Red Rhino is a company that handles pool leak detection, repair and maintenance. To improve their everyday workflow, they decided to make an app for coordinating workers and collecting information about pool issues.
For their app, they chose SwiftUI — one of the latest technologies from Apple. However, because of the nature of using new frameworks and the fact that Red Rhino doesn’t have a dedicated iOS development team, they ran into significant challenges with implementing some of the planned functionality.
After finding Exyte through the SwiftUI articles we published, the client decided to hire us to implement a part of the project. In addition, we offered refactoring services to future-proof their existing code and bring it closer to Apple’s standards.
SwiftUI is a new framework that introduces an innovative way of building user interfaces. As such, it doesn’t yet have a lot of support for production-grade development and the documentation is not that extensive.
At the moment, SwiftUI is a great tool for prototyping or quickly implementing simple interfaces. It is difficult to write a fully-fledged app in SwiftUI since nearly all applications need some nonstandard functionality that is not documented or even supported yet.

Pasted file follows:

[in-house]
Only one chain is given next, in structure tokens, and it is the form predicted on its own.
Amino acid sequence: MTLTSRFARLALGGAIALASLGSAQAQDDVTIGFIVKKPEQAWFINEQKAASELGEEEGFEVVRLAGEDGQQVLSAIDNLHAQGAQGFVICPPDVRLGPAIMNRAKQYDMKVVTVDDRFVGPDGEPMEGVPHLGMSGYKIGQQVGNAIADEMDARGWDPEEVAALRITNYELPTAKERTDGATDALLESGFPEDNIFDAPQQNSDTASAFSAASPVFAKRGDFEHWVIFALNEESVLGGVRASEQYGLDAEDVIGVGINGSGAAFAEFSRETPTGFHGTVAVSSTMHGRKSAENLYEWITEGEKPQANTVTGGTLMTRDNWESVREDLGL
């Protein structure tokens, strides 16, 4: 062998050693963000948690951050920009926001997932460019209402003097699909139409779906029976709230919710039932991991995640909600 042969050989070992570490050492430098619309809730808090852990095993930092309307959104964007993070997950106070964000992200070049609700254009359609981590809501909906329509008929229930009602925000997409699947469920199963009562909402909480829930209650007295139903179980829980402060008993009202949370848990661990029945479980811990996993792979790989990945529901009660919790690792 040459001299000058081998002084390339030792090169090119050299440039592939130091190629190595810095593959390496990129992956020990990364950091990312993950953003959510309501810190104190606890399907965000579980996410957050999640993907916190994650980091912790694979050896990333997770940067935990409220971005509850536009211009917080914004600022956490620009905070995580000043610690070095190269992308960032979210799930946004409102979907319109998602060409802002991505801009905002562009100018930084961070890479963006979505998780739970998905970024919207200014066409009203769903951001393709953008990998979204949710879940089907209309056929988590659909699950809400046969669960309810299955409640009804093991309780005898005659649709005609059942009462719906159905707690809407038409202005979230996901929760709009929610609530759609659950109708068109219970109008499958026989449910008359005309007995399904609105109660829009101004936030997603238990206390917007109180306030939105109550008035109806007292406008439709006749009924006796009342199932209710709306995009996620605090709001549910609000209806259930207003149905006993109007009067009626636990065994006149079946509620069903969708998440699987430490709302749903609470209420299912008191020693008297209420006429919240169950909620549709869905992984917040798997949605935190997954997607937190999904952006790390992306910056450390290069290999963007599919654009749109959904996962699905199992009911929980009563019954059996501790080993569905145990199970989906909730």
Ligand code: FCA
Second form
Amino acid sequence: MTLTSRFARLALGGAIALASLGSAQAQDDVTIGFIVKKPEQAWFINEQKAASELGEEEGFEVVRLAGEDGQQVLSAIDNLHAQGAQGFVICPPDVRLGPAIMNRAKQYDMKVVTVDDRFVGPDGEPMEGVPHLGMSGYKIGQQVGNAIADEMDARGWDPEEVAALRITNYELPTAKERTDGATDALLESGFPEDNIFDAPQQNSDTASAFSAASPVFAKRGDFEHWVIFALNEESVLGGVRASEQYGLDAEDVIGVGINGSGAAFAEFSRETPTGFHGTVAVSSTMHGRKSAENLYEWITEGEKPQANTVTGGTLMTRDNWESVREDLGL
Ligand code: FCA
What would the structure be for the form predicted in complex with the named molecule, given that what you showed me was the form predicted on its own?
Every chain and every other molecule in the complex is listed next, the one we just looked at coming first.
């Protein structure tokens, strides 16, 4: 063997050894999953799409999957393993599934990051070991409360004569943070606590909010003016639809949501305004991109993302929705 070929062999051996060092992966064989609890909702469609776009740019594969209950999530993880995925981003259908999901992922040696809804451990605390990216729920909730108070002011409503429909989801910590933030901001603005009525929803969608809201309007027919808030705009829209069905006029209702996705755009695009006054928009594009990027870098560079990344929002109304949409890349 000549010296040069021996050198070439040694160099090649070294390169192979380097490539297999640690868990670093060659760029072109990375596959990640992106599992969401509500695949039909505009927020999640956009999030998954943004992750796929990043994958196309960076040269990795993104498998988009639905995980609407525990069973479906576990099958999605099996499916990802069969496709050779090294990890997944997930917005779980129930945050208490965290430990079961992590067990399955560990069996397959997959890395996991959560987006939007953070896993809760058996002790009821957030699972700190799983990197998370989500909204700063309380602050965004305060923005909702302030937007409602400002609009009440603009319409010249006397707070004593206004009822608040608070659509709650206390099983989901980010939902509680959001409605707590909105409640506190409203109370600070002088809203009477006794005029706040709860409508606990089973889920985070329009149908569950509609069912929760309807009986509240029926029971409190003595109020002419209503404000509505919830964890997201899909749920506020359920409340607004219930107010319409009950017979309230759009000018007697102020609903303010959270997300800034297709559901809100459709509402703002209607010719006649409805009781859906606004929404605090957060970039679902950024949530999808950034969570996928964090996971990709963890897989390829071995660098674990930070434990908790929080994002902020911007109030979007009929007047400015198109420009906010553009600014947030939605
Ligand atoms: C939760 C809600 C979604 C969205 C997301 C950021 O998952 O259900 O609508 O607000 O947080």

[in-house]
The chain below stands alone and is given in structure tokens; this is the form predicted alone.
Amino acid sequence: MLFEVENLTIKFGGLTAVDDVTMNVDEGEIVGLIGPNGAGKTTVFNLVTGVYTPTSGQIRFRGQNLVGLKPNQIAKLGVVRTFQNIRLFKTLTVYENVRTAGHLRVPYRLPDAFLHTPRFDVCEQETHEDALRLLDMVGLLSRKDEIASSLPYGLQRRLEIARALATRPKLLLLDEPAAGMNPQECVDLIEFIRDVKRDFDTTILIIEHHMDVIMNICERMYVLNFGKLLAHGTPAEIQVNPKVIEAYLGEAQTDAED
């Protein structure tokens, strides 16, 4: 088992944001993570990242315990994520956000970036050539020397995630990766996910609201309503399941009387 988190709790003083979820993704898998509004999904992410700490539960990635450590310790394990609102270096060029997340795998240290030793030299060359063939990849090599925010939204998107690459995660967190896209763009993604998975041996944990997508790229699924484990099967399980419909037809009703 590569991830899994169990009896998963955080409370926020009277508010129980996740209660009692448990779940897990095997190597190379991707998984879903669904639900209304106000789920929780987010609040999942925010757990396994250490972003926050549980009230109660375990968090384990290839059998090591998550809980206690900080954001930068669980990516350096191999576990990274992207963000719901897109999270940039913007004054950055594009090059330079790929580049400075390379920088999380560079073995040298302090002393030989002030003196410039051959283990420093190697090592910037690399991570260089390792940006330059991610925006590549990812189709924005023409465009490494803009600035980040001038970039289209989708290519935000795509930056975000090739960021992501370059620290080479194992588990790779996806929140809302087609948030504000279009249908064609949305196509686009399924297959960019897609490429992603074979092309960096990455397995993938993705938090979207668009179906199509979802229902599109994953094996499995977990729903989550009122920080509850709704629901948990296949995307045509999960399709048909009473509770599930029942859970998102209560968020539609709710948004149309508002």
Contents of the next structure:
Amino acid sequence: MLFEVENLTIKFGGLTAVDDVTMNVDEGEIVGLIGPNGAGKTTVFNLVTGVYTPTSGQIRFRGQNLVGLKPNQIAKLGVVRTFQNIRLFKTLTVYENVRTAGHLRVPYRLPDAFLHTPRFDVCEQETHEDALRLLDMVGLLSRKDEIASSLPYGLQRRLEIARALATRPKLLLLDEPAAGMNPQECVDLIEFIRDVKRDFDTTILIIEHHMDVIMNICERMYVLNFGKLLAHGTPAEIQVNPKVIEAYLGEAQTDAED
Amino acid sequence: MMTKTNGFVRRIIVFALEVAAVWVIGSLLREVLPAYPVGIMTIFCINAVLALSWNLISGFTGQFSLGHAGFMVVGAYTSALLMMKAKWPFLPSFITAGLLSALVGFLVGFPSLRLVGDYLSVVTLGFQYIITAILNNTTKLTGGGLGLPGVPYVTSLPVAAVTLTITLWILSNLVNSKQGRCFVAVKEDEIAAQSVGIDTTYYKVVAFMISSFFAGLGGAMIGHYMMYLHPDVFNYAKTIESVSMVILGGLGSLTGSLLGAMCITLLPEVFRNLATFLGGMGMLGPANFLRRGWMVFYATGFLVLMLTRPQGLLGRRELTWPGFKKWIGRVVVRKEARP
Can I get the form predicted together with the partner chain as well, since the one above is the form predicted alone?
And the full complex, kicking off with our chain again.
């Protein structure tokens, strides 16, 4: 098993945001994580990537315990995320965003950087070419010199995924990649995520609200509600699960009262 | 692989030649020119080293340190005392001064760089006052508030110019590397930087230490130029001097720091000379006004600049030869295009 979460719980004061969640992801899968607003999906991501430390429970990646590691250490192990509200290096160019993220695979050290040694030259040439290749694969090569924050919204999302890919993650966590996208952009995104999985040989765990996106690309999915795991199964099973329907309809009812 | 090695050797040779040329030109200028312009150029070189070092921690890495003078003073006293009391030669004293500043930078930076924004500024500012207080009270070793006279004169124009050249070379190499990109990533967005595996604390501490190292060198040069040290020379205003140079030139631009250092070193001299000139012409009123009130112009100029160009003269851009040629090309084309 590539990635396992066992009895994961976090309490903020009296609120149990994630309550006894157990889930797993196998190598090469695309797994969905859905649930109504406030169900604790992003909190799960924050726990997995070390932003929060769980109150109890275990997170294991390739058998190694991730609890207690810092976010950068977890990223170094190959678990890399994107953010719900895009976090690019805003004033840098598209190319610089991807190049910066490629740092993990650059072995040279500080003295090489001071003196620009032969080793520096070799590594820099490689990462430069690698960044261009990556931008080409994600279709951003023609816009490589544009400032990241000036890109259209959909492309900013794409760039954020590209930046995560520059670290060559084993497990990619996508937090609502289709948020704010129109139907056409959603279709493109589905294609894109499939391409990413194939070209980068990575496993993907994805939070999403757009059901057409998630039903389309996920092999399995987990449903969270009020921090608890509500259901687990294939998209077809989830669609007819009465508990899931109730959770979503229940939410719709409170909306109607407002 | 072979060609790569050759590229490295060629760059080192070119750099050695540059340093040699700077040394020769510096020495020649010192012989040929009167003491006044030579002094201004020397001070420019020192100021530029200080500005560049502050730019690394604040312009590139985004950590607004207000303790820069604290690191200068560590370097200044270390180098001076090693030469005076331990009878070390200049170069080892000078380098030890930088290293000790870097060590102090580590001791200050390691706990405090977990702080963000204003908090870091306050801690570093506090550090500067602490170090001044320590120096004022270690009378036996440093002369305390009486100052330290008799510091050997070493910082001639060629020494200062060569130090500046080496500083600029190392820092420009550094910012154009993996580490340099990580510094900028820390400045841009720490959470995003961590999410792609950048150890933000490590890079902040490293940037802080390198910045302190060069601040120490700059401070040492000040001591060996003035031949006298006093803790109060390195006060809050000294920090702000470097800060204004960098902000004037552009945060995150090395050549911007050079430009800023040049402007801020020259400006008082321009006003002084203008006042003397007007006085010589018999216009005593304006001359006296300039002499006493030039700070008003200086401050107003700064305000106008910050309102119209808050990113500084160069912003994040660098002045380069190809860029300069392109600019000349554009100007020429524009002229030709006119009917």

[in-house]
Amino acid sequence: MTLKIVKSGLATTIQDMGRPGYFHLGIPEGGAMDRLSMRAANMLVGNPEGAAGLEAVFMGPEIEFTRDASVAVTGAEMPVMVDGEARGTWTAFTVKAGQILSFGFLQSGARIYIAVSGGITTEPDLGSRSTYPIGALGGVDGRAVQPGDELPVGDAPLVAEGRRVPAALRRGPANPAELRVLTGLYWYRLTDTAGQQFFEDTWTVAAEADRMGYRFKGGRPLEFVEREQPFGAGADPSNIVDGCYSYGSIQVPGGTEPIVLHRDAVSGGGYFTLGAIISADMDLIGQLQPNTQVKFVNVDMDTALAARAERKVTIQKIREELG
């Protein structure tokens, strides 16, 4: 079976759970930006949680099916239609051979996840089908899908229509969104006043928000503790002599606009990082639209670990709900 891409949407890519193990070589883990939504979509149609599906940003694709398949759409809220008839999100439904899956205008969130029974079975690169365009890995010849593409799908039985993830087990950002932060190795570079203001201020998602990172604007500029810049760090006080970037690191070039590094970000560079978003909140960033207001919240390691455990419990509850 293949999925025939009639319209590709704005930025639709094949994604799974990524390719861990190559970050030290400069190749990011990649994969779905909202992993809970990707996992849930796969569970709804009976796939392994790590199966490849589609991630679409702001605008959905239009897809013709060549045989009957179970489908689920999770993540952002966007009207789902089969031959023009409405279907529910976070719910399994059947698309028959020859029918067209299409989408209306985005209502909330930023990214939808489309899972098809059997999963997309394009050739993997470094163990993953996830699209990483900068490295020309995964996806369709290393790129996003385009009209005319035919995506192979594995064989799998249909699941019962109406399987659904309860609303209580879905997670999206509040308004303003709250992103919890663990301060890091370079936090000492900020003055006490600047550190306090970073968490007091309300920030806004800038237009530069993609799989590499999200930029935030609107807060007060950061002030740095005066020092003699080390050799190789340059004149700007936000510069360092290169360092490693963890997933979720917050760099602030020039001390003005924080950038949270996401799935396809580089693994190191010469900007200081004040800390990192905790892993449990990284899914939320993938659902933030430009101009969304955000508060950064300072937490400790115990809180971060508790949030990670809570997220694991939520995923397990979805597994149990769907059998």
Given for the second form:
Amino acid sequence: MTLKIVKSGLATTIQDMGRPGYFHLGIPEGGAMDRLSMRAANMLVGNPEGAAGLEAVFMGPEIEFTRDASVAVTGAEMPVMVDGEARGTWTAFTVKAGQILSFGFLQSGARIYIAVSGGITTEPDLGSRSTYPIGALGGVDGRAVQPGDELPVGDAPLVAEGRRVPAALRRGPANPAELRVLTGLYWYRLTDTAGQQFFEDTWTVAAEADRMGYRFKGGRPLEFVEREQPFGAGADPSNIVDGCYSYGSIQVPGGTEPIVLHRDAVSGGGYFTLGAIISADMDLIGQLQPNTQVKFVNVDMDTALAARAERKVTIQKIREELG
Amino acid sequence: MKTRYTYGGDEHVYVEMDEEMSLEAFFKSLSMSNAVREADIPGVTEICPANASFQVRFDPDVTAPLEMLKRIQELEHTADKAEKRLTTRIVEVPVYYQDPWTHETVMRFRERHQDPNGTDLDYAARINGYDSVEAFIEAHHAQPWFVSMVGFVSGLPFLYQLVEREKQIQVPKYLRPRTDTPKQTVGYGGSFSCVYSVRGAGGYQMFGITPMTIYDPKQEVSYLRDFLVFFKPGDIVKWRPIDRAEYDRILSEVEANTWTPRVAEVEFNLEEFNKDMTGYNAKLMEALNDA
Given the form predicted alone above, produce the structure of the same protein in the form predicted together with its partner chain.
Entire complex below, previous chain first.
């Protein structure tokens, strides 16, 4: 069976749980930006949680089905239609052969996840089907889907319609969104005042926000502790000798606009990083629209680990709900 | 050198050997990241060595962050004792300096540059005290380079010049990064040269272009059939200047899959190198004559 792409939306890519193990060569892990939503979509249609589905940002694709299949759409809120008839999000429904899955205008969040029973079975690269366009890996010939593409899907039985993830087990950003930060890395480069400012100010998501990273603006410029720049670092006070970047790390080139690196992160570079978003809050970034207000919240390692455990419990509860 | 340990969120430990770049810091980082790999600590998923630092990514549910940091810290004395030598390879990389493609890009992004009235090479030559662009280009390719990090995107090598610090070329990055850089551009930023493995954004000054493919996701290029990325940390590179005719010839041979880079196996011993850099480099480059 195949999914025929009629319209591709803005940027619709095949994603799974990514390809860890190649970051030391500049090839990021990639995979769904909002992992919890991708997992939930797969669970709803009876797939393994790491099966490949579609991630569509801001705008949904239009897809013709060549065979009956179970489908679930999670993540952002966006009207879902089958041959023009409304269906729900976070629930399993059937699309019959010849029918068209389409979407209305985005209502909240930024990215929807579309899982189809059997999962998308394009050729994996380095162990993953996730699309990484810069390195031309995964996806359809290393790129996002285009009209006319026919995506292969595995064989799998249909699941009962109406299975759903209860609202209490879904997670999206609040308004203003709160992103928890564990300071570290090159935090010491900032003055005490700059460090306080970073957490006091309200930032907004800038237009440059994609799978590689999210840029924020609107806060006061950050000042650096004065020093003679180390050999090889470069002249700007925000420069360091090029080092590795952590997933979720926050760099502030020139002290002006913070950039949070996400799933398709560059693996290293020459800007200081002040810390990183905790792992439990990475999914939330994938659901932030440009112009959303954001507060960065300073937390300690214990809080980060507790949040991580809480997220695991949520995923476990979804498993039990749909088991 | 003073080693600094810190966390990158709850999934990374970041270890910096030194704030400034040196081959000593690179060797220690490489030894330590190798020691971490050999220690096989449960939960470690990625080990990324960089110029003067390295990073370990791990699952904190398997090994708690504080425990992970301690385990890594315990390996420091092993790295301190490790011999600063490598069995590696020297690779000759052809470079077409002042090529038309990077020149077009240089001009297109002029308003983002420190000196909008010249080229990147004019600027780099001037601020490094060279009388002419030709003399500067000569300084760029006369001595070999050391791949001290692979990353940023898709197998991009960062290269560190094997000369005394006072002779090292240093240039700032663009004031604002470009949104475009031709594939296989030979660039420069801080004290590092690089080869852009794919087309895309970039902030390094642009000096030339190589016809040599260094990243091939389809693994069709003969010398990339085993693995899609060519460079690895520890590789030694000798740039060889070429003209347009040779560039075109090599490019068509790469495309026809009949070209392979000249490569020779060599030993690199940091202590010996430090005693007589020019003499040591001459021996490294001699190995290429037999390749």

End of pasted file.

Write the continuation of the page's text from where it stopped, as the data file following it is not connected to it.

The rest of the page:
While working on the project, we had to try out different approaches to see what works in SwiftUI, and sometimes revert to implementing functionality in UIKit and bridging it into SwiftUI — for example, the camera feed. To make these decisions, we had to balance practical matters, the budget, and the solution’s technical elegance.
The customer’s developer team had already created the app’s basic structure, so our objective was to solve specific SwiftUI challenges and refactor some of the existing code.
We seamlessly integrated with their internal development team: our employees had a pool of tasks, on which we worked in parallel with Red Rhino’s own developer, syncing up daily on the progress and tasks for tomorrow. Their technical lead later merged our code into the master branch and created builds to be distributed within the team.
First, we implemented the functionality the client had trouble with — a date picker that can transition to a screen with more details.
After that, we moved on to implement the app’s photo functionality for displaying pool issues, including:
When the app moved into the testing phase, we also debugged and refactored some of the existing functionality to make sure the application code is extensible and open to future additions.
The technical stack was already chosen by the customer: SwiftUI, Flux, Mapbox.
To communicate with the client, we used Microsoft Teams, Zoom, and a Git repository, enabled by Microsoft Azure.
The client was satisfied with the result — most of the app was implemented in SwiftUI as planned, and we worked together to make improvements to the existing code and prepare it for future changes and extensions.
«The team communicates effectively and hold weekly phone calls to ensure a strong partnership. They think critically and always let their partners know if there is a way to improve the project. They don’t automatically implement something if it isn’t the best idea. They don’t hesitate to interject what they think the best practice should be. Sometimes, other companies will implement things just because we told them to, even if it’s not the best way to do it. Exyte is thoughtful enough to let us know if there is a better strategy.»Read more on Clutch